The Egyptian government canceled a contract with a top US lobbying firm days after the American broadcaster CBS grilled Egypt’s Abdel Fattah al-Sisi about his human rights record, a report has revealed.
According to Al-Monitor, which has reviewed leaked files, a contract worth $2m annually between the Glover Park Group and the Egyptian embassy in Washington was terminated on 15 January, but the reason for termination remains unclear.
It is worth to mention that the firm, which started working for Egypt in 2013 following al-Sisi’s military coup against his predecessor, had been paid by the UAE for its Egypt lobbying activities, as published by the Intercept.
In 2013, Al-Sisi, who was the chief general of the Egyptian army, led a bloody coup against Egypt’s first democratically elected President Mohamed Morsi. The UAE and Saudi Arabia were chief backers of the military takeover, pouring billions of dollars in support to al-Sisi.
The split came just nine days after CBS aired a testy “60 Minutes” interview in which the Abdel Fattah al-Sisi appeared surprised by tough questions about political prisoners and the 2015 massacre of Muslim Brotherhood supporters in Cairo’s Rabaa Square. The interview also touched on Cairo’s close military cooperation with Israel, a taboo subject in Egypt.
Human Rights Watch estimates that Egypt has detained at least 60,000 political prisoners under Sisi’s rule.
Moreover, HRW has issued several damning reports about Egypt in recent years, including one that called for an investigation into Sisi’s role in the 2013 mass killings of more than 1,000 protesters in what “probably amounts to crimes against humanity.”
“Glover Park was hired to help Al-Sisi make good on his promise to stabilize Egypt. They produced some glossy brochures that showed that,”said Sarah Margon, HRW’s Washington chief.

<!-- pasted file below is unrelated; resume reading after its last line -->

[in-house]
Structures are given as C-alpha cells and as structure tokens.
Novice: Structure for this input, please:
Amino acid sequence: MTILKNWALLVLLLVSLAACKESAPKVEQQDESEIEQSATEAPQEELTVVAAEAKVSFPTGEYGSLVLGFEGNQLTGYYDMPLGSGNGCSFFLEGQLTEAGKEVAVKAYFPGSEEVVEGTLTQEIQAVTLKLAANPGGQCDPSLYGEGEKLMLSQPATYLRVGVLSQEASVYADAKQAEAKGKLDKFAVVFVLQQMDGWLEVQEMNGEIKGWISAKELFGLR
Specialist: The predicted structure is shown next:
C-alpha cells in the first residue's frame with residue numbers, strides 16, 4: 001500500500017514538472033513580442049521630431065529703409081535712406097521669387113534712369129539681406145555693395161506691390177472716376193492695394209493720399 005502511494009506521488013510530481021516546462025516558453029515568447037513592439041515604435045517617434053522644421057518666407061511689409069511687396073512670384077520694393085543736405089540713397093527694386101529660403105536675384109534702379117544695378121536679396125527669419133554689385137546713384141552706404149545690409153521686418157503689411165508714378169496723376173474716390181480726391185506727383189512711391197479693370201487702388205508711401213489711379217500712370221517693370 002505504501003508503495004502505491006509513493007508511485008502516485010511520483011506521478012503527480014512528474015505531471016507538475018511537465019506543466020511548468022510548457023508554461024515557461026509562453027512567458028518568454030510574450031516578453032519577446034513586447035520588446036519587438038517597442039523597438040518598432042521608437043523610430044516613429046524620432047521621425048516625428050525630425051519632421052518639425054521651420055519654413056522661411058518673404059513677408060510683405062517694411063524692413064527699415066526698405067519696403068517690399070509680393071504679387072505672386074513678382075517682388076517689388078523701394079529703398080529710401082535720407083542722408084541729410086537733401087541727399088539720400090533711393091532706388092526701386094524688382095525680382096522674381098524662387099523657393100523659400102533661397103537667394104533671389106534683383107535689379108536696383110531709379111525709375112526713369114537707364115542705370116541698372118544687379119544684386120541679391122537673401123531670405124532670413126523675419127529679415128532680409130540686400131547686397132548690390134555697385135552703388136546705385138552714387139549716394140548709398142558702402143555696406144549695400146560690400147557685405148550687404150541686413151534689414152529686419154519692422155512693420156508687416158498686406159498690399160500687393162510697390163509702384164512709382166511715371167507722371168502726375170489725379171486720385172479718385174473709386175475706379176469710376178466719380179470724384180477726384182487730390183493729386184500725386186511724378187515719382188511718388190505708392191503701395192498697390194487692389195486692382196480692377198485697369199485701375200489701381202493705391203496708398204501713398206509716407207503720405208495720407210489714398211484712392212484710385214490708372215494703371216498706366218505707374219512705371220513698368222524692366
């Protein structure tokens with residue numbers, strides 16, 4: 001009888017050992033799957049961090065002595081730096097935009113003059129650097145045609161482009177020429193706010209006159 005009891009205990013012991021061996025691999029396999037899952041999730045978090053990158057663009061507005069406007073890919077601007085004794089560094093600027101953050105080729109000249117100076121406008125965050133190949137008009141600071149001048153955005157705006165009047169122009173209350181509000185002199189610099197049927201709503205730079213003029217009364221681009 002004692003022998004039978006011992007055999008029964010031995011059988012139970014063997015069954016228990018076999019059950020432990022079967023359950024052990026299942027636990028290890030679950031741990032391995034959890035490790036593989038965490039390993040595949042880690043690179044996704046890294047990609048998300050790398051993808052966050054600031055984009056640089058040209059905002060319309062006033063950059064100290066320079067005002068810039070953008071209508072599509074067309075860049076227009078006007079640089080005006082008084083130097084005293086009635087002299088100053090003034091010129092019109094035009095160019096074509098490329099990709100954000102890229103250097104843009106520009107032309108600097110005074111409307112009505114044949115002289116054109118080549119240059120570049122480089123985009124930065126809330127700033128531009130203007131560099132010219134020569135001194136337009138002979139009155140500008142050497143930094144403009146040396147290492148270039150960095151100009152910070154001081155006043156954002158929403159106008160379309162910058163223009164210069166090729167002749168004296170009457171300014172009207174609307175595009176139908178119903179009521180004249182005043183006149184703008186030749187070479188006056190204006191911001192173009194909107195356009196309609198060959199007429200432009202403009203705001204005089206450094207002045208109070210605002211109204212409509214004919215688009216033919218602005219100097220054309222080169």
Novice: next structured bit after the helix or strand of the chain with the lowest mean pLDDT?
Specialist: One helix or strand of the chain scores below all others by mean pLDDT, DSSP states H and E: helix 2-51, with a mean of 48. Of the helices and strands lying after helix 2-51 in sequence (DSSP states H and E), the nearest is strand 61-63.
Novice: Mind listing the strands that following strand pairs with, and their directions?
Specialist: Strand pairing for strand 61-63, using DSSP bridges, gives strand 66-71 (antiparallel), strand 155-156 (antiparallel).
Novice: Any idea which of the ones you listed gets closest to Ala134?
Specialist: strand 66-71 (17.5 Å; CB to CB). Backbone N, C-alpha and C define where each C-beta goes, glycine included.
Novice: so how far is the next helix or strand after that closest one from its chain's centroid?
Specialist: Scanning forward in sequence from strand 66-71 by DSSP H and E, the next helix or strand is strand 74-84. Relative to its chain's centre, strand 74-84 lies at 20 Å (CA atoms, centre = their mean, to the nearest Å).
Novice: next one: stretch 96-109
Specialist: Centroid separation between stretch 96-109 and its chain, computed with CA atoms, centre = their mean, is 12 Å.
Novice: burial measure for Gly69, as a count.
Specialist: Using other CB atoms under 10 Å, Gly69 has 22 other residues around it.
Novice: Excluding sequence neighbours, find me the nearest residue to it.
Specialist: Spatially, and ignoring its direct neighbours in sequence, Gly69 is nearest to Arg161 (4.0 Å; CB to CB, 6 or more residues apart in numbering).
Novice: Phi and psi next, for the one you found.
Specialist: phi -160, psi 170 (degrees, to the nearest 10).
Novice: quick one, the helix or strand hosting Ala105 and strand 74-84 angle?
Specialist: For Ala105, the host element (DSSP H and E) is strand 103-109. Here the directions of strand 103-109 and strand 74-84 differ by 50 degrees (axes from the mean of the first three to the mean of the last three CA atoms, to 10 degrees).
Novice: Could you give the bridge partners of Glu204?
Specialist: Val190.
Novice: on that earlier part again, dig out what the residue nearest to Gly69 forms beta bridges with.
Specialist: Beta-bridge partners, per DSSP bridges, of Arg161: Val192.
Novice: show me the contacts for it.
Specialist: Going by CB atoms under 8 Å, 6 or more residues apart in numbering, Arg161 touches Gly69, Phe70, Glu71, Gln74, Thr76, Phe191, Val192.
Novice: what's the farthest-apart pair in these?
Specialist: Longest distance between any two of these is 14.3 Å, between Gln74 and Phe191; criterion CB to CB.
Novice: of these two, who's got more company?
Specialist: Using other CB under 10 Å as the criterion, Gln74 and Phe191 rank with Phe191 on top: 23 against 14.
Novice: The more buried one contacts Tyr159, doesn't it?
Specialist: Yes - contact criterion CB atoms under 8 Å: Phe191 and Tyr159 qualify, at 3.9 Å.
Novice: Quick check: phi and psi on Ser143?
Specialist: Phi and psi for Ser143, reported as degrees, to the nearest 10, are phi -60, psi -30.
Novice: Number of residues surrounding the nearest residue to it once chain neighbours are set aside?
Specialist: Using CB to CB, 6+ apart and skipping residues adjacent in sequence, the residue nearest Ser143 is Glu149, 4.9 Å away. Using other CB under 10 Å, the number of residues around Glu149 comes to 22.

“Things have gone from very bad to a whole lot worse, since he took office.”
According to a statement by CBS, the Sisi government unsuccessfully attempted to block the airing of the interview. The Egyptian ambassador in Washington contacted the 60 Minutes team after the interview to ask them not to air it.
But the channel went ahead and broadcast the interview in which Sisi confirmed his military had the “closest ever” cooperation with Israel, another controversial statement that may have prompted Egypt to try to block the interview.
Questions about Sisi’s crackdown on human rights were also “not the kind of news [Sisi’s] government wanted to broadcast,” according to CBS.
Al-Monitor also mentioned that while the Egyptian Embassy in Washington no longer has any registered foreign agents, Egypt’s Ministry of Investment and International Cooperation retains the services of Hill and Knowlton. Meanwhile, APCO Worldwide and Cassidy and Associates ended their contracts with the country’s General Intelligence Services within days of each other in April 2018, shortly after Sisi won a second term in an election widely seen as undemocratic.